Cultural goods like language and the arts are fundamental, and not incidental, to what it means to be human.
“Cultural diversity is a defining characteristic of humanity.” – UNESCO Convention on the Protection & Promotion of Diversity of Cultural Expressions.
We are the only hominid species capable of language – permitting the rapid communication of life’s lessons. It is language that makes the building of cumulative civilization possible.
Our aesthetic side drives our behaviour. It is our ability to imagine, create and innovate that allows us to plan, build and find the most appropriate ways of responding to changes in our environment.
Modern cultural, economic and social discourse has been dominated by the basic premise that humans are rational actors who make decisions based primarily on narrow self-interest. Popular culture reinforces messages of individualism and self-centeredness. Just do it (for yourself); work hard (for yourself); grab opportunities (for yourself).
In our thinking around, arts, culture and social unity, we must recognise that there is another powerful side to being human. Humans are social beings that are hard-wired to cooperate. Individuals derive a fundamental sense of wellbeing from their membership to groups.
Our greatest moments as a species are when we cooperate as free agents in joint projects that advance human welfare.
Arts and culture policy must rebalance the relationship between individualism and cooperation. At the core of the DA’s vision of an Open Opportunity Society is the desire to allow individuals to pursue lives that they value. Our policy around arts, culture and heritage must, however, recognise that freedom of aesthetic expression, the right to speak the language of your choice and the desire to have your culture and heritage respected and celebrated can be fundamental to this pursuit. This is consistent with the objectives of the United Nations Educational, Scientific and Cultural Organization (UNESCO) Convention on the Protection and Promotion of Diversity of Cultural Expressions which recognises “the distinct nature of cultural goods and services as vehicles of values, identity and meaning”.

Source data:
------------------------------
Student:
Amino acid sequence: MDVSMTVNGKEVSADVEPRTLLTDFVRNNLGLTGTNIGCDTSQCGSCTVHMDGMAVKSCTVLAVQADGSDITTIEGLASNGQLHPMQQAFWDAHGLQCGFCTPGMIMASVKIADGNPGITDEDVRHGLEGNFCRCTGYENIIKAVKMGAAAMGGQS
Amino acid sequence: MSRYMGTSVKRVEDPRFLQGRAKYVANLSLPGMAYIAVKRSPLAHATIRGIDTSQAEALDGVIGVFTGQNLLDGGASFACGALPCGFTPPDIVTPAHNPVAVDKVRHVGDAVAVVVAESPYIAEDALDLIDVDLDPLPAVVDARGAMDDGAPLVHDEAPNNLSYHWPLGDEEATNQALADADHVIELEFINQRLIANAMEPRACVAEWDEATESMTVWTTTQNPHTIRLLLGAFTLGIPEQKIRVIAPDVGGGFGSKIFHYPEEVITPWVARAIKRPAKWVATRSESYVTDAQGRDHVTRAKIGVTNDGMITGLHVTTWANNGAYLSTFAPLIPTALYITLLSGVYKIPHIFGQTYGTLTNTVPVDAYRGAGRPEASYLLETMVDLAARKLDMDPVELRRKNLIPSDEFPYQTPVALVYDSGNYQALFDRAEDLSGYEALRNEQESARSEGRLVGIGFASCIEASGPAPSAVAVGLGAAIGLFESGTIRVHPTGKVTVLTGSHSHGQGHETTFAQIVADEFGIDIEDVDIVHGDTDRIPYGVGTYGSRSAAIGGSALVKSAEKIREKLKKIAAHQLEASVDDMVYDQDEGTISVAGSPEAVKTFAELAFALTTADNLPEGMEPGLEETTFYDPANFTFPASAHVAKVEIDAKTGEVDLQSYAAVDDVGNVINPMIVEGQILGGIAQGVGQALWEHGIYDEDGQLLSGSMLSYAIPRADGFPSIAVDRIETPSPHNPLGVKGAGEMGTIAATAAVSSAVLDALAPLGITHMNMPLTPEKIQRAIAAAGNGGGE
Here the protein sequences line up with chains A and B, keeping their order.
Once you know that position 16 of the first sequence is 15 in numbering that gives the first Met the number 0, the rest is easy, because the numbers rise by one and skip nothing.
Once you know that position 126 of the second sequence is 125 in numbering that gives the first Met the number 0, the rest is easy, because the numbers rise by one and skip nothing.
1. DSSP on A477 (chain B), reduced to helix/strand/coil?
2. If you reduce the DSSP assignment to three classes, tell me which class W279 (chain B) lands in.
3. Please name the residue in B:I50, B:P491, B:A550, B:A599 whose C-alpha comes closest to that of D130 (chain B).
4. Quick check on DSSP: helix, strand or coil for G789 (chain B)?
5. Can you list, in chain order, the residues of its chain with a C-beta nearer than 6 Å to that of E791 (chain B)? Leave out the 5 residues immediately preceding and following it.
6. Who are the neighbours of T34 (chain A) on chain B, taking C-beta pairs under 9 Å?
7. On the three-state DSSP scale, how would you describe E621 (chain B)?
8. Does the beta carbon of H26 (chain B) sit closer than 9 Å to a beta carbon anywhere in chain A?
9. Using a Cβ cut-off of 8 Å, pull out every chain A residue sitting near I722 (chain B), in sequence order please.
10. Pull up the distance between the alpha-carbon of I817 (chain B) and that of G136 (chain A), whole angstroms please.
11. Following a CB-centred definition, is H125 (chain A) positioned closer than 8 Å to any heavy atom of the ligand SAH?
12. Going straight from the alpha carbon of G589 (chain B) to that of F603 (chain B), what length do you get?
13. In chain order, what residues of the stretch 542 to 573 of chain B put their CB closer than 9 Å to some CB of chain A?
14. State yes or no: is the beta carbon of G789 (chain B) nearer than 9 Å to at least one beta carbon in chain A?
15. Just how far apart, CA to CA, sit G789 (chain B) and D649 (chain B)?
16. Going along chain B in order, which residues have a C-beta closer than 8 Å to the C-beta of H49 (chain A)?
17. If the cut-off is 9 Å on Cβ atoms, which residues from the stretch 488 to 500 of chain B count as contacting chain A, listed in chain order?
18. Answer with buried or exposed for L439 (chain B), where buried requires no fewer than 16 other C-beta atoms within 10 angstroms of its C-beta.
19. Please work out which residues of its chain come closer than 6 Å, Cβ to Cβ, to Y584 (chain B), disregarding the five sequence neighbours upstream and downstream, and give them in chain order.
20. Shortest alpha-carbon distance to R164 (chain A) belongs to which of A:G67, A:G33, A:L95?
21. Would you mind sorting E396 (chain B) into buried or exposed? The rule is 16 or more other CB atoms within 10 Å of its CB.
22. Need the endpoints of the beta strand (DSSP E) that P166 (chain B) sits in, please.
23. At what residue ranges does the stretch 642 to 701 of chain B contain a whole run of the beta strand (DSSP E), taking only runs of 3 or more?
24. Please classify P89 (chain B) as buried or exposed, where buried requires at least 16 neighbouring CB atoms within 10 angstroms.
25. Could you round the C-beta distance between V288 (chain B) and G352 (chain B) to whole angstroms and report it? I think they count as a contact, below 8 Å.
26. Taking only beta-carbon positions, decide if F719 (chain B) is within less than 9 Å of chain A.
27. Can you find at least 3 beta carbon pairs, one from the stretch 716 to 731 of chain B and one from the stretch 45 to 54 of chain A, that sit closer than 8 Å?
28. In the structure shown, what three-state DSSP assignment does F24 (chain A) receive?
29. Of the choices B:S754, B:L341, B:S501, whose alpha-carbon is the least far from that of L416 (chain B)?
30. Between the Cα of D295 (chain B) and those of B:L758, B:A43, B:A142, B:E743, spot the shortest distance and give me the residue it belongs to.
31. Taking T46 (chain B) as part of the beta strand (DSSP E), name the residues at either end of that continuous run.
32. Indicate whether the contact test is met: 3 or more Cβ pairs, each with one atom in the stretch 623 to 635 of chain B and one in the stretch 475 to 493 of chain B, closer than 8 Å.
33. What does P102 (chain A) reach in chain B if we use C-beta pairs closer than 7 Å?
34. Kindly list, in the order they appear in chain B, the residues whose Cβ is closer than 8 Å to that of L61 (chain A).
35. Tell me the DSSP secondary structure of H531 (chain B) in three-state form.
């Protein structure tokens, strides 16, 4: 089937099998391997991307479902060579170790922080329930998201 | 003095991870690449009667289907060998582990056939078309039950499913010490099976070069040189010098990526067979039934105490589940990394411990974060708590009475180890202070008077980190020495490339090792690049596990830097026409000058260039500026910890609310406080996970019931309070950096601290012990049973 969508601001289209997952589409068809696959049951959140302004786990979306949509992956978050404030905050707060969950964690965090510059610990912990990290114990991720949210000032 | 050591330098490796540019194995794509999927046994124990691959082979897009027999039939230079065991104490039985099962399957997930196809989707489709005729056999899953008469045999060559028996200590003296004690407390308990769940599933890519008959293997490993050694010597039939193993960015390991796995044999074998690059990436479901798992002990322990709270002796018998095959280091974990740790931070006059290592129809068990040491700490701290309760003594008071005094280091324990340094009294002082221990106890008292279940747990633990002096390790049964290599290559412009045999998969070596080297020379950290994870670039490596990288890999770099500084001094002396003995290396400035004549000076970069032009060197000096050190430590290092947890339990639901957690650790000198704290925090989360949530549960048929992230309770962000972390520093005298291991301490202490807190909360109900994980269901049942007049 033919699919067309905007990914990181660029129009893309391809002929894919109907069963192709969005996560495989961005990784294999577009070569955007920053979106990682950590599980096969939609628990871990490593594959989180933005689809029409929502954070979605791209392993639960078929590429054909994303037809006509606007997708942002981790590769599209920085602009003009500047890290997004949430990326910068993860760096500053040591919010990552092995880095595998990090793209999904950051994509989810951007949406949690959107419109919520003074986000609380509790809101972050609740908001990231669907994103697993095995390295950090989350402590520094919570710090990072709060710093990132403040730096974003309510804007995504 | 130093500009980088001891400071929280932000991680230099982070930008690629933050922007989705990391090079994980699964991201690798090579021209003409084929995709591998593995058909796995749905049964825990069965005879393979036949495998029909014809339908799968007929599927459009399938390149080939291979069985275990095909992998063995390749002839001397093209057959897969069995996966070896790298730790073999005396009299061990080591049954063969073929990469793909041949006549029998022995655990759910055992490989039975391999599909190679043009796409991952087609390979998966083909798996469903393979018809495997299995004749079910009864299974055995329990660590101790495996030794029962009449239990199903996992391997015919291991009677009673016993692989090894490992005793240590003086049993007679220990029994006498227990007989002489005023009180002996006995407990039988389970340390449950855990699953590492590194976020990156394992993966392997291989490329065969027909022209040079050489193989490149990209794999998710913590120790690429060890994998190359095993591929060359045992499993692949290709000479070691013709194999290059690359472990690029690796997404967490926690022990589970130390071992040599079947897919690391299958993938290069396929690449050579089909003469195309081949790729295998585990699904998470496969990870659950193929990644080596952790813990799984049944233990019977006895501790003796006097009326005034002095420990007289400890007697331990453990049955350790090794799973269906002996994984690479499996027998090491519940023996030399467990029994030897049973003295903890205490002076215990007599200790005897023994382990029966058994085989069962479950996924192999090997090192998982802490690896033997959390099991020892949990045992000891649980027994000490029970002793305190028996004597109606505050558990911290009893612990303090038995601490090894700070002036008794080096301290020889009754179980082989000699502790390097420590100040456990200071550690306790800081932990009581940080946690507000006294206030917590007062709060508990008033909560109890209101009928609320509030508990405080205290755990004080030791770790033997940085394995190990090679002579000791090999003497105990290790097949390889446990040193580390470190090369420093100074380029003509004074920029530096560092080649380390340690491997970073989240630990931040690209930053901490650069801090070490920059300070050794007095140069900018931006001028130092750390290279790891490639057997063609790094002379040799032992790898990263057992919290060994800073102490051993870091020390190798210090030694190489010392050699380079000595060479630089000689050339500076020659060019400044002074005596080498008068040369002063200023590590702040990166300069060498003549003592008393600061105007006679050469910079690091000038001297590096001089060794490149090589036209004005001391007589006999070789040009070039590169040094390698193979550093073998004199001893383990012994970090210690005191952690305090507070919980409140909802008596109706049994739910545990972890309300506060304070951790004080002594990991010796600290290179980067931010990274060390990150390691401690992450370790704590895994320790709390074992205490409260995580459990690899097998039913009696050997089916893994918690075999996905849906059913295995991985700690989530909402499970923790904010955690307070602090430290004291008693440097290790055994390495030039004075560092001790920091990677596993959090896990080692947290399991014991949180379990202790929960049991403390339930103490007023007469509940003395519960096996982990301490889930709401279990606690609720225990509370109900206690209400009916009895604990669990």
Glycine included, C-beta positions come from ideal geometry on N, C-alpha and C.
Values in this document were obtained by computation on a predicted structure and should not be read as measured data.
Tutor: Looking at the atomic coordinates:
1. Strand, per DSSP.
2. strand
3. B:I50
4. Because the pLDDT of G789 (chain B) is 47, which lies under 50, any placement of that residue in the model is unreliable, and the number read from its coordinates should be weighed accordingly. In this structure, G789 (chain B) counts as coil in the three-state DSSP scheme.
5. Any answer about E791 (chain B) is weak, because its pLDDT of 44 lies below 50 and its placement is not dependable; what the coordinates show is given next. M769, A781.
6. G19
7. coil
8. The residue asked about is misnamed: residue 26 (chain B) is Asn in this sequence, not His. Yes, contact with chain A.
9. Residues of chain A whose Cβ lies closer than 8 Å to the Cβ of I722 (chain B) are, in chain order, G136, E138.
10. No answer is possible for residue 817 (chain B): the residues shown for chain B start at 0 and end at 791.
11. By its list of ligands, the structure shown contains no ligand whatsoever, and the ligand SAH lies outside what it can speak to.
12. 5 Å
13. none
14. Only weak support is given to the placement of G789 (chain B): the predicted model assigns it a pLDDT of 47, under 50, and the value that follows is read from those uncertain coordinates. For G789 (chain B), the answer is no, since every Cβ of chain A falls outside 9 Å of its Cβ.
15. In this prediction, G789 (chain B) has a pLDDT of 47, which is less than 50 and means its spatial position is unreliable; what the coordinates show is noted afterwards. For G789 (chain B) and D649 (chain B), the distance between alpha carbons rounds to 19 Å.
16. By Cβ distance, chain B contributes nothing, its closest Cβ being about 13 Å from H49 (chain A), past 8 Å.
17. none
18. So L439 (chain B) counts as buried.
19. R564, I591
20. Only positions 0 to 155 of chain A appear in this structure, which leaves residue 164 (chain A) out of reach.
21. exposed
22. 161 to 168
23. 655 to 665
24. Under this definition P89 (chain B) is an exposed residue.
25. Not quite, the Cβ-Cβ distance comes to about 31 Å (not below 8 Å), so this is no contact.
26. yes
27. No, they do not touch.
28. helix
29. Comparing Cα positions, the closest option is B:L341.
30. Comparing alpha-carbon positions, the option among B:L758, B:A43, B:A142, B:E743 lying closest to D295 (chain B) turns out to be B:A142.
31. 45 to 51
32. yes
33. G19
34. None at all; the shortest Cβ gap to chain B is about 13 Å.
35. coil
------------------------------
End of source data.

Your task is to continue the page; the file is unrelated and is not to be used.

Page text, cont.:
South Africa’s efforts at building a unified nation are relatively new. We have emerged from our political transition in 1994 as groups divided by history, but united by the vision that we have for the country. A vision of a country that will “heal the divisions of the past and establish a society based on democratic values, social justice and fundamental human rights”. A vision of a people that will honour their past whilst taking positive steps to build a shared future.
While striving for unity, we must be a country which celebrates and protects our diversity. Arts and culture can bring people together in new ways. Our aim should not be to use these interactions to promote sameness, but to support interaction as the celebration of differences and as opportunities to build the foundations for mutual respect and understanding.
The DA will work with the people of South Africa to build a common identity, while creating opportunities for self-expression to the many cultures and identities which enrich our nation.
Download the DA’s Policy on Arts, Culture & Heritage.